The federal NFA case law employs a several-factor test to determine whether an item can be “readily restored.” The relevant factors include, the time necessary to restore the firearm, the ease of restoration, the expertise required, the equipment required, the availability on the requisite parts, the expense of conversion, and the overall feasibility.
Shapiro used the most extreme federal case law on this topic to lower the threshold for what constitutes a firearm.
For instance, regarding time, Shapiro noted, “various jurisdictions have found a weapon could be readily converted or restored in as little as two minutes and as long as eight hours.” For equipment, Shapiro noted, “Courts have found this to occur in a variety of circumstance, ranging from the use of basic tools to a properly-equipped machine shop.
The multifactor test adopted by Shapiro is vague. In giving a small amount of guidance as to what would not be “readily restorable” under federal law and thus would not be a “firearm” under the new interpretation of Pennsylvania law, the attorney general wrote,
In contrast, an example where a receiver would not be considered “readily convertible” comes from the District of D.C, where the court considered these factors in determining whether certain weapons were “readily restorable.” In that case, the weapons were held not to be machine guns because it would have taken a master gunsmith (expertise) over 13 hours (time) working with specialized equipment (equipment), required parts that are not commonly available (availability), cost $65,000 to make the conversion, and the conversion could have damaged or destroyed the firearm as well as caused injury to the shooter upon firing.
While Shapiro’s press office and the media have portrayed his opinion as a way to target the use of so-called 80-percent lowers, the interpretation the attorney general has adopted would encumber the use of unfinished frames or receivers at any stage of manufacture. Shapiro’s “theory” of treating non-functioning blocks of polymer, steel, or aluminum as “firearms” is the equivalent of calling a pile of aluminum tubes a bicycle or even considering a hickory or ash tree a baseball bat.
Shapiro cited gun crime in Philadelphia as an impetus for his unconventional interpretation of state gun law. Gun violence is a problem in Philadelphia. However, that problem is at present being exacerbated by Philadelphia’s George Soros-backed District Attorney Larry Krasner.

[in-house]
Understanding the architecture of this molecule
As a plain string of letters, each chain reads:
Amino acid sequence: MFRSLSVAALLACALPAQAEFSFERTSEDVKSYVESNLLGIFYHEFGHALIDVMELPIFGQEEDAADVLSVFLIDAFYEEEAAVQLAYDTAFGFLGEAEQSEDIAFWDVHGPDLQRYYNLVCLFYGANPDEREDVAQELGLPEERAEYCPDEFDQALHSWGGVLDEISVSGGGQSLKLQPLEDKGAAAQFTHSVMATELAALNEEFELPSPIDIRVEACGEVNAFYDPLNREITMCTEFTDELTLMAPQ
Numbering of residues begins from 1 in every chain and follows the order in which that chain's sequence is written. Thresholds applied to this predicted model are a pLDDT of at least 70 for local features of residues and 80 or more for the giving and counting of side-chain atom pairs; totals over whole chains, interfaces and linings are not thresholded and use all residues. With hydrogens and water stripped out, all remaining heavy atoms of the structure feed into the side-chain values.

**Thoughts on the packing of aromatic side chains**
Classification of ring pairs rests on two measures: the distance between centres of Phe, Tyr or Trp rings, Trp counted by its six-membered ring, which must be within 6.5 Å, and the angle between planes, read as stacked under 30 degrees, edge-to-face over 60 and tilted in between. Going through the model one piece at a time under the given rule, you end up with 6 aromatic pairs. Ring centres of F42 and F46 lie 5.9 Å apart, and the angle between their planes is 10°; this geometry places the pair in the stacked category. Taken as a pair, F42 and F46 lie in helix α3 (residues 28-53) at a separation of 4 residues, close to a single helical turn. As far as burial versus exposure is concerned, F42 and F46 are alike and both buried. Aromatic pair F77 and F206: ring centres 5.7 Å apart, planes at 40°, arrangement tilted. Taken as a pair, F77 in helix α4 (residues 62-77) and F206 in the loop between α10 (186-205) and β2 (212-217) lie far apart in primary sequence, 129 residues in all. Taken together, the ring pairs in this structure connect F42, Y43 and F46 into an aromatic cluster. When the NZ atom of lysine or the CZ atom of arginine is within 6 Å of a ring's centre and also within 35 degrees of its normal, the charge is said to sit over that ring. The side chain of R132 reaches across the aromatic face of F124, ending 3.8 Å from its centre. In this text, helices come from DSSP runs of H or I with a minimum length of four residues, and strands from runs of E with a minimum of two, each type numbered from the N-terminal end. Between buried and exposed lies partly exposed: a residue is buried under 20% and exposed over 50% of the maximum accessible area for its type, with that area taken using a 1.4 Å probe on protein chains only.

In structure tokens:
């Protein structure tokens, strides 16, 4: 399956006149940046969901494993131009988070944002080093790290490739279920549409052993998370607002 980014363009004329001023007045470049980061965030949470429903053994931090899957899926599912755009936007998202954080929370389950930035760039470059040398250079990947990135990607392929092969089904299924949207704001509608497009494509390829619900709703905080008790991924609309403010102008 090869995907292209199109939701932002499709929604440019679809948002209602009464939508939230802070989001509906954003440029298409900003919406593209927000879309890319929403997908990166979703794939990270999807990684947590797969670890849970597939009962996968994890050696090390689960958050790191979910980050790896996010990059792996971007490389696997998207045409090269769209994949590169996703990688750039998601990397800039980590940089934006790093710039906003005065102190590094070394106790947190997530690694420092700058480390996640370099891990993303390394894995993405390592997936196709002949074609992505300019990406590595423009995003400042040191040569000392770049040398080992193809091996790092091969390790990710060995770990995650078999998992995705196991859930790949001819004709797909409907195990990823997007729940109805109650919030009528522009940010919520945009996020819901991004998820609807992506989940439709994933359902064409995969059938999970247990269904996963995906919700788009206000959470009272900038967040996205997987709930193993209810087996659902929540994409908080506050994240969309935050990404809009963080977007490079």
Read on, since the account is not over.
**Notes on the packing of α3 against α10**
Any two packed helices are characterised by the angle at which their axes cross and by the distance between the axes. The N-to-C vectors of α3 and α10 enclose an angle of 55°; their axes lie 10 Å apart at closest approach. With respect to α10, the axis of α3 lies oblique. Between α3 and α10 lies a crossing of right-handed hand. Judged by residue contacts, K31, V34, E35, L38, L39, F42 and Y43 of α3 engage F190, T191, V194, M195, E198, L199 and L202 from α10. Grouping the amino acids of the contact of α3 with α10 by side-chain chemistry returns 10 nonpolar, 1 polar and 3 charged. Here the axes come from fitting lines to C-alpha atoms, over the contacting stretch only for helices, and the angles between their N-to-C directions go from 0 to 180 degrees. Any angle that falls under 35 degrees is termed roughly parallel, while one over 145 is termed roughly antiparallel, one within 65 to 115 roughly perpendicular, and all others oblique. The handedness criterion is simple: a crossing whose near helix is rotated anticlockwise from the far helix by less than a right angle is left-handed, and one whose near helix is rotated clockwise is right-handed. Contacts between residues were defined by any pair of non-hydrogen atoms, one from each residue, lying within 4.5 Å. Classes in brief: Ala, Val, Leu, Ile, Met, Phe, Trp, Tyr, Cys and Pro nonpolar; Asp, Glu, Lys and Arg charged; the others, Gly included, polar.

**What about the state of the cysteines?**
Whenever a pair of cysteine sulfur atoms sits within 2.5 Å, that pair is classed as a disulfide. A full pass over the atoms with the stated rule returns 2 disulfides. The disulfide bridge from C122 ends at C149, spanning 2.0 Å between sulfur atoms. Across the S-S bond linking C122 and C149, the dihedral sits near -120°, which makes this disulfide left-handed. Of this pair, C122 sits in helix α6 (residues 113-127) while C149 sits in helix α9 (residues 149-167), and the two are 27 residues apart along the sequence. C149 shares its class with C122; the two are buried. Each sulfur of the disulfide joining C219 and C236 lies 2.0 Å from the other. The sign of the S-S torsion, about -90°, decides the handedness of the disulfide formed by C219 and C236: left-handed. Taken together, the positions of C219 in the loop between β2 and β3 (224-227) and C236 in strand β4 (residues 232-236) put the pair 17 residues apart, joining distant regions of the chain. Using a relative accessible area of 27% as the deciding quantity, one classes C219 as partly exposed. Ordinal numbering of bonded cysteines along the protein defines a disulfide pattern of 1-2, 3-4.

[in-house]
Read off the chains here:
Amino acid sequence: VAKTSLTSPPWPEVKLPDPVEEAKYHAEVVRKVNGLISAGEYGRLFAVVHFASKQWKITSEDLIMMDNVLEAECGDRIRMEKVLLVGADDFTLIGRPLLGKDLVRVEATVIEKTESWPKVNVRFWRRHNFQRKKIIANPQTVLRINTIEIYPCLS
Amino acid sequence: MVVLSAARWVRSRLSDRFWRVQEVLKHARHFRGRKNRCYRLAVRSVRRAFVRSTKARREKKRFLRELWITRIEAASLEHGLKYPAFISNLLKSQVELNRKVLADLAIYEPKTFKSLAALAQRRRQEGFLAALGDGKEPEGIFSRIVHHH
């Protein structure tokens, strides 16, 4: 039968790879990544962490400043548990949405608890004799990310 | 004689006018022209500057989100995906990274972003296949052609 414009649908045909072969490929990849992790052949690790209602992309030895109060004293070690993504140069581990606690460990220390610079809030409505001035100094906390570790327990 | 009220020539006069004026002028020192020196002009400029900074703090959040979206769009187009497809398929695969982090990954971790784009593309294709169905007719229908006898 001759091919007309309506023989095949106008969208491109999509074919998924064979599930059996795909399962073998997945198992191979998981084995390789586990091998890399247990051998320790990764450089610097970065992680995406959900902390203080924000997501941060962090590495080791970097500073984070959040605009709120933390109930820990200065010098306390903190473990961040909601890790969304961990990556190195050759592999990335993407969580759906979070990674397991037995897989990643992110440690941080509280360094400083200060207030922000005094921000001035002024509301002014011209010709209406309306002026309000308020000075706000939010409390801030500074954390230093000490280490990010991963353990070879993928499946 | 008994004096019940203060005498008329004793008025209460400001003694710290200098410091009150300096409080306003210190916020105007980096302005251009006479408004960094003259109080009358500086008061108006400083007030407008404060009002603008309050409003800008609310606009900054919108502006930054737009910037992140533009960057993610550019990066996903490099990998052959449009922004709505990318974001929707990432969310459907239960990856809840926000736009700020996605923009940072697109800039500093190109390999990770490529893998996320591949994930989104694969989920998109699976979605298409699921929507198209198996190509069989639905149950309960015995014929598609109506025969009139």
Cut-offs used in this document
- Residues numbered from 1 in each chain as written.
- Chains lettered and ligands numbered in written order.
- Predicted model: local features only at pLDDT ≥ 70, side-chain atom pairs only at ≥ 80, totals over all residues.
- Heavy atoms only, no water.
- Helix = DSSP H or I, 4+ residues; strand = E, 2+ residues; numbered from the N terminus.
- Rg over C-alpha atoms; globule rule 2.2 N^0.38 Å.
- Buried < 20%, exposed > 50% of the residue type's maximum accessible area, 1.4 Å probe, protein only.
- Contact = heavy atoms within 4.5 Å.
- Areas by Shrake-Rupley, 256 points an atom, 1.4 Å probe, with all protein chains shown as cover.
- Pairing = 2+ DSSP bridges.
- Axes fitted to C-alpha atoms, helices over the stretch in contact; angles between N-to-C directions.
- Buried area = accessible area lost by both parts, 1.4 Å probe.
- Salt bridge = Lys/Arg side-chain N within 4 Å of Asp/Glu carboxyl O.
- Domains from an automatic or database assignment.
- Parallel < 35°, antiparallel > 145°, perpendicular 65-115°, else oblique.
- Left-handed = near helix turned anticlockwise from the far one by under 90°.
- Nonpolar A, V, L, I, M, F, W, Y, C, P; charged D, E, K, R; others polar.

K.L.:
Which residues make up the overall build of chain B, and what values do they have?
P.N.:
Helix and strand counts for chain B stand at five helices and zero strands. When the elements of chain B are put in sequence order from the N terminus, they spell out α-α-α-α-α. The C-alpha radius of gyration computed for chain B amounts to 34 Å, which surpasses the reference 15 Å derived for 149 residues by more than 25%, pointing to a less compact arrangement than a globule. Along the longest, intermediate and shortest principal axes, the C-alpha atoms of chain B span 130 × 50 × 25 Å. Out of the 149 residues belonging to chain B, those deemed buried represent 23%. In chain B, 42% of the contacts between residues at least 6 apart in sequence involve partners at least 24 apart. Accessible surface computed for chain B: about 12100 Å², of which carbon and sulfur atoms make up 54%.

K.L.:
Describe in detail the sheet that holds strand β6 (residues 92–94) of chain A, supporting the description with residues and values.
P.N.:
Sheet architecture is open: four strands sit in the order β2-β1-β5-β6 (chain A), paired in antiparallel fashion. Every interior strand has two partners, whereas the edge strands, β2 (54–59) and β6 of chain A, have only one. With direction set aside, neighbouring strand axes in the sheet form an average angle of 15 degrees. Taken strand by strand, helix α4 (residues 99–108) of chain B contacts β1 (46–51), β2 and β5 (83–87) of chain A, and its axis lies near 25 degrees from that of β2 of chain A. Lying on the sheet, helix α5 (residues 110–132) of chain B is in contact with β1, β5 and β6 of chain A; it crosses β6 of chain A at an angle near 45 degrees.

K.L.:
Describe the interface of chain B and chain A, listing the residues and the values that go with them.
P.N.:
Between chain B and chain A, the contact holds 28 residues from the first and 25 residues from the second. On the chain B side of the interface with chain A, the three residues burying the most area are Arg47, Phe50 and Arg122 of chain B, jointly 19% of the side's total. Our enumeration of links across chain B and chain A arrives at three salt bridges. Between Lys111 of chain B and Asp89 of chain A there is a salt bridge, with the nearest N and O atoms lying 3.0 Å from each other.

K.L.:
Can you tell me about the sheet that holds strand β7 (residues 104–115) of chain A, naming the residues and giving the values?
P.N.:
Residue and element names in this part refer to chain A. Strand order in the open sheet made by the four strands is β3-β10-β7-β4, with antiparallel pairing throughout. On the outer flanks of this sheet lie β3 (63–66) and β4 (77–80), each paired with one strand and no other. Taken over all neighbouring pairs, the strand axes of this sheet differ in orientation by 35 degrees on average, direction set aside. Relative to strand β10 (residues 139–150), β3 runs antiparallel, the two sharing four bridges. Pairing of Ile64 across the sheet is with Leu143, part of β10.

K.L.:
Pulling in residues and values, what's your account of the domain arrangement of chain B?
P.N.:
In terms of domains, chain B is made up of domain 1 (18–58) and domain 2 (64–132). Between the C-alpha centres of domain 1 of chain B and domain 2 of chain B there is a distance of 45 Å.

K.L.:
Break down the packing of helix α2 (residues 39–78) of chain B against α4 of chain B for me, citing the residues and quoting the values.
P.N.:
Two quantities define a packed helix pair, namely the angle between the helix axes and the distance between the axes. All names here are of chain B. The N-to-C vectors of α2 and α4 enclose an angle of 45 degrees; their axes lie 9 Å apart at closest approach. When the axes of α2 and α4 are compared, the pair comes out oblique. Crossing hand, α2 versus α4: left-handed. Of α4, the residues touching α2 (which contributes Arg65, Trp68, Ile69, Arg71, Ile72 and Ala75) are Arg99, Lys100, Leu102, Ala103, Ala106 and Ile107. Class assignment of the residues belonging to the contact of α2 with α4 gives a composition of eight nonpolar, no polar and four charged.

Krasner has received well-deserved criticism, some from U.S. Attorney William M. McSwain, for his soft-on-crime policies. Consider the following case described by the Philadelphia Inquirer,
In June 2018, Maalik Jackson-Wallace was arrested on a Frankford street and charged with carrying a concealed gun without a license and a gram of marijuana. It was his first arrest.
The Philadelphia District Attorney’s Office recommended the Frankford man for a court diversionary program called Accelerated Rehabilitative Disposition (ARD) that put him on two years’ probation. His record could have been expunged if he had successfully completed the program.
But Jackson-Wallace, 24, was arrested again on gun-possession charges in March in Bridesburg. He was released from jail after a judge granted a defense motion for unsecured bail. And on June 13, he was arrested a third time — charged with murder in a shooting two days earlier in Frankford that killed a 26-year-old man.
The article went on to point out,
statistics obtained from the DA’s Office show that in 2018, Krasner’s first year in office, 78 gun-possession cases were placed in the ARD program — compared with just 12 such diversions in gun-possession cases the previous year, 11 in 2016, 14 in 2015. and 10 in 2014.
With his new interpretation, Shapiro is intent on making law-abiding gun owners pay the price for the behavior of violent criminals and the failed policies of Pennsylvania’s public officials. Shapiro and other Pennsylvania officials should focus on vigorously prosecuting those who commit violent crime and not on passing new laws and perverting old ones to further burden honest Pennsylvanians.
Article by NRA-ILA